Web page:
Testing for space

Tim Peake Mascot Illustration

Equipment must be sturdy to survive in space. Space is a harsh environment and equipment is often sent on a one-way trip. To ensure it survives (it’s tricky to repair anything once it’s up there), everything going into space is rigorously tested beforehand.

Shaken to destruction

Any object destined for space must get there on board a rocket. These enormous machines harness incredible energy, relying on one long controlled explosion to power them into space. One very notable feature of a launch are the vibrations of the engines passing through the rocket. These vibrations can have devastating effects on the rocket’s payload. All payloads must be subjected to extreme vibration testing before they go into space. This is to ensure that the payload survives, but is also not a risk to the entire rocket.

Vibration testing is one of the most feared processes in preparing for space. One of the biggest concerns is that your equipment could be shaken to the point of damage. If you look online, you can find videos of vibration tests on parts of the James Webb Space Telescope.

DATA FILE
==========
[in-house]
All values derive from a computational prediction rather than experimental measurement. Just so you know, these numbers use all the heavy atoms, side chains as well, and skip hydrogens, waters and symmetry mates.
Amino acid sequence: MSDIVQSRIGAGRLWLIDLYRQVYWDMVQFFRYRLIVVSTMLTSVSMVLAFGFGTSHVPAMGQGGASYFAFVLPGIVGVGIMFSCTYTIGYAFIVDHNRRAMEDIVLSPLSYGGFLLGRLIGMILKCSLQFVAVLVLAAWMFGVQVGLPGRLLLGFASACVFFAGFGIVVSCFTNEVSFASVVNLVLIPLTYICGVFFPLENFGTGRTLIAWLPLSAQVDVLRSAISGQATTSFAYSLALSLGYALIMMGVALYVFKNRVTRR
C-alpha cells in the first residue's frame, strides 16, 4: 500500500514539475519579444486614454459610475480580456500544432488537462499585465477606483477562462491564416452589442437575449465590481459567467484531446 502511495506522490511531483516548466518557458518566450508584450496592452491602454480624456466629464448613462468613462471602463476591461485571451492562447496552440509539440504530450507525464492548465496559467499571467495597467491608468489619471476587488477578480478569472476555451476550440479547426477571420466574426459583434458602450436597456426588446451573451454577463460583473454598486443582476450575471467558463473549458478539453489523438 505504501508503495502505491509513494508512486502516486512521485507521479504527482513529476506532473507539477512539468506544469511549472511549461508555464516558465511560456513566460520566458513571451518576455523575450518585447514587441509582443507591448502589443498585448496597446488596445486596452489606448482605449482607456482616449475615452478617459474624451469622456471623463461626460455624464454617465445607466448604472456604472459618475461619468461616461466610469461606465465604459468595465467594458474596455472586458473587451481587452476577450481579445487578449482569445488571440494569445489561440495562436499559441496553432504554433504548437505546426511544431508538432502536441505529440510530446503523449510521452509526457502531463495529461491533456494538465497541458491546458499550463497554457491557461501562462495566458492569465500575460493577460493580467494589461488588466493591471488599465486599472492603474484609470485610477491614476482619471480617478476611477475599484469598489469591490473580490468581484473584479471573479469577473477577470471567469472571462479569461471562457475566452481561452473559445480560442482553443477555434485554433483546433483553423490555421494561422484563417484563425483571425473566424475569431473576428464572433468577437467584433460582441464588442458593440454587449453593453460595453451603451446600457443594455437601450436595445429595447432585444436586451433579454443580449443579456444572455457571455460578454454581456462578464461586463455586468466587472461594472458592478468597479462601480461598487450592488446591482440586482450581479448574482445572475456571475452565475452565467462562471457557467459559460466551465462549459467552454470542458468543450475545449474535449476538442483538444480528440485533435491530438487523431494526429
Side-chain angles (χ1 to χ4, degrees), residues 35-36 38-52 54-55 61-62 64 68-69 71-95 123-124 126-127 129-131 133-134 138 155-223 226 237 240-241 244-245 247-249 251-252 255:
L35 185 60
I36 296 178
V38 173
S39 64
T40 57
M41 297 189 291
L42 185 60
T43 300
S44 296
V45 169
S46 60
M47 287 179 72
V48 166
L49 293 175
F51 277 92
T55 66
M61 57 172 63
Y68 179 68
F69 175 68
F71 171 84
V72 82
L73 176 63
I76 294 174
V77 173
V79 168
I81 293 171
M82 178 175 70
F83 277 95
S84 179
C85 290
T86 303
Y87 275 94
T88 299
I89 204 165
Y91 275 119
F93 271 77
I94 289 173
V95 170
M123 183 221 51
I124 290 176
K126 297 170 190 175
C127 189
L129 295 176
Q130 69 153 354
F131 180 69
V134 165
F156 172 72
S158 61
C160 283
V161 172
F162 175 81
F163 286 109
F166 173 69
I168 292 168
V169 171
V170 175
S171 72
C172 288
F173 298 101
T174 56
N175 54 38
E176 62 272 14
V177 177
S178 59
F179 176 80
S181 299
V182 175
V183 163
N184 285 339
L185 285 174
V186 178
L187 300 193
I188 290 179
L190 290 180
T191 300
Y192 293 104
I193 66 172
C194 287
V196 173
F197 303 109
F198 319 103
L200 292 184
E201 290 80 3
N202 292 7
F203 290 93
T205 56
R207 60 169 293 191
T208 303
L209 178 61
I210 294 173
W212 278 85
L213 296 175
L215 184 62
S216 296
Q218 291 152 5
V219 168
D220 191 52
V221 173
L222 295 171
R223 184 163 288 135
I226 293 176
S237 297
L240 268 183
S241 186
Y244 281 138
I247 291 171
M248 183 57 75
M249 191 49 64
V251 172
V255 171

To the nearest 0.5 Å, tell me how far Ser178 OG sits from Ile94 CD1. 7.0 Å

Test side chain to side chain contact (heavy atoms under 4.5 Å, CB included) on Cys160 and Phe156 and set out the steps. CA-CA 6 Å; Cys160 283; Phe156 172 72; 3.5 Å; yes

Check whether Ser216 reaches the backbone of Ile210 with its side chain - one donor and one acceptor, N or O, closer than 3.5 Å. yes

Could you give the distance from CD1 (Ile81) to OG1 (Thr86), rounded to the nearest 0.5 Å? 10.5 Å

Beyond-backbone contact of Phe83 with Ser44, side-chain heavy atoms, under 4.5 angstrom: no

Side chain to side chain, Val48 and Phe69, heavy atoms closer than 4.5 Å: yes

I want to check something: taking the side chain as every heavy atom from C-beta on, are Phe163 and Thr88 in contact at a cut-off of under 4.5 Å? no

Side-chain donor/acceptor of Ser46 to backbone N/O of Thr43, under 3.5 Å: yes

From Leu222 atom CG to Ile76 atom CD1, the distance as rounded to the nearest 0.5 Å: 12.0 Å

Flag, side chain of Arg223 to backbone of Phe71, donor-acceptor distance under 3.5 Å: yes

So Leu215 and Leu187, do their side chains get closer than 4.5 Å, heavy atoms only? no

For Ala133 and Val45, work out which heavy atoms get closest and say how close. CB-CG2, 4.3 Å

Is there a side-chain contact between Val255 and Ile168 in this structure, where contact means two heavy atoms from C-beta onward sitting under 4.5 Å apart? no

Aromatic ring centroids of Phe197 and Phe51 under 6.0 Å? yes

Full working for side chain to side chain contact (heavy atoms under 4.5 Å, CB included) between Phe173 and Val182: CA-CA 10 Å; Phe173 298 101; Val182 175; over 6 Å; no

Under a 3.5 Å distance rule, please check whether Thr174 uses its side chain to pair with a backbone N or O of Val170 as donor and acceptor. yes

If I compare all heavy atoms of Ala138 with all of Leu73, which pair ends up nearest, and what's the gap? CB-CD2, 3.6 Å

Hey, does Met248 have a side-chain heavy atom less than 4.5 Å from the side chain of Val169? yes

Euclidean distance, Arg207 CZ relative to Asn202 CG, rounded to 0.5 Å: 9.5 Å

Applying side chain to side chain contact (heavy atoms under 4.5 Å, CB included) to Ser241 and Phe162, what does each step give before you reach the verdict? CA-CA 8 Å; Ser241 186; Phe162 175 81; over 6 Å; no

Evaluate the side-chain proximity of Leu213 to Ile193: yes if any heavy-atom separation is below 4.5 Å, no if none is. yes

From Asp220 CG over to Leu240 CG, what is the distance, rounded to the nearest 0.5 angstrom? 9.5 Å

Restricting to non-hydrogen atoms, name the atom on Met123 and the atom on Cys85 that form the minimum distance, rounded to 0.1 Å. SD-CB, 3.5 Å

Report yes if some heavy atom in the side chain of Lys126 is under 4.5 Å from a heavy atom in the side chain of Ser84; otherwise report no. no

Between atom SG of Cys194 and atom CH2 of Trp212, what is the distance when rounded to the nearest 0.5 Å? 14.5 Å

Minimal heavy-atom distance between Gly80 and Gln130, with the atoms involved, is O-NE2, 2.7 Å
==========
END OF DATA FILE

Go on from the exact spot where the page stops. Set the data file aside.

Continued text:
Acoustic testing

The noise level generated at launch can potentially damage the payload. Rocket launches can reach a volume about 20 times louder than a jackhammer, so engineers need to expose components of the launch vehicle and equipment to high-intensity noise before sending it into space.

Baked by the Sun

Generally, we consider space to be very cold. However, in direct sunlight, without an atmosphere to dissipate the heat, things can get very warm. Satellites around the Earth can reach temperatures of over 120oC when in direct sunlight.

To prepare satellites for these extreme conditions, any equipment destined for space is baked inside giant ovens. With components held at high temperatures for long periods of time, engineers can check how the pieces will perform and ensure no dangerous gases are given off.

Blasted by Radiation

On Earth, our atmosphere absorbs most of the harmful radiation from space. Any object heading out into space will be exposed to this radiation, which can have some troublesome effects on electronics. As the radiation interacts with the circuits, it can alter data, create inaccurate signal readings and destroy memory. Electrical components have to be protected against this radiation by ‘hardening’ prior to launch. There are several ways to harden electronics, often including some sort of insulation or shielding against the radiation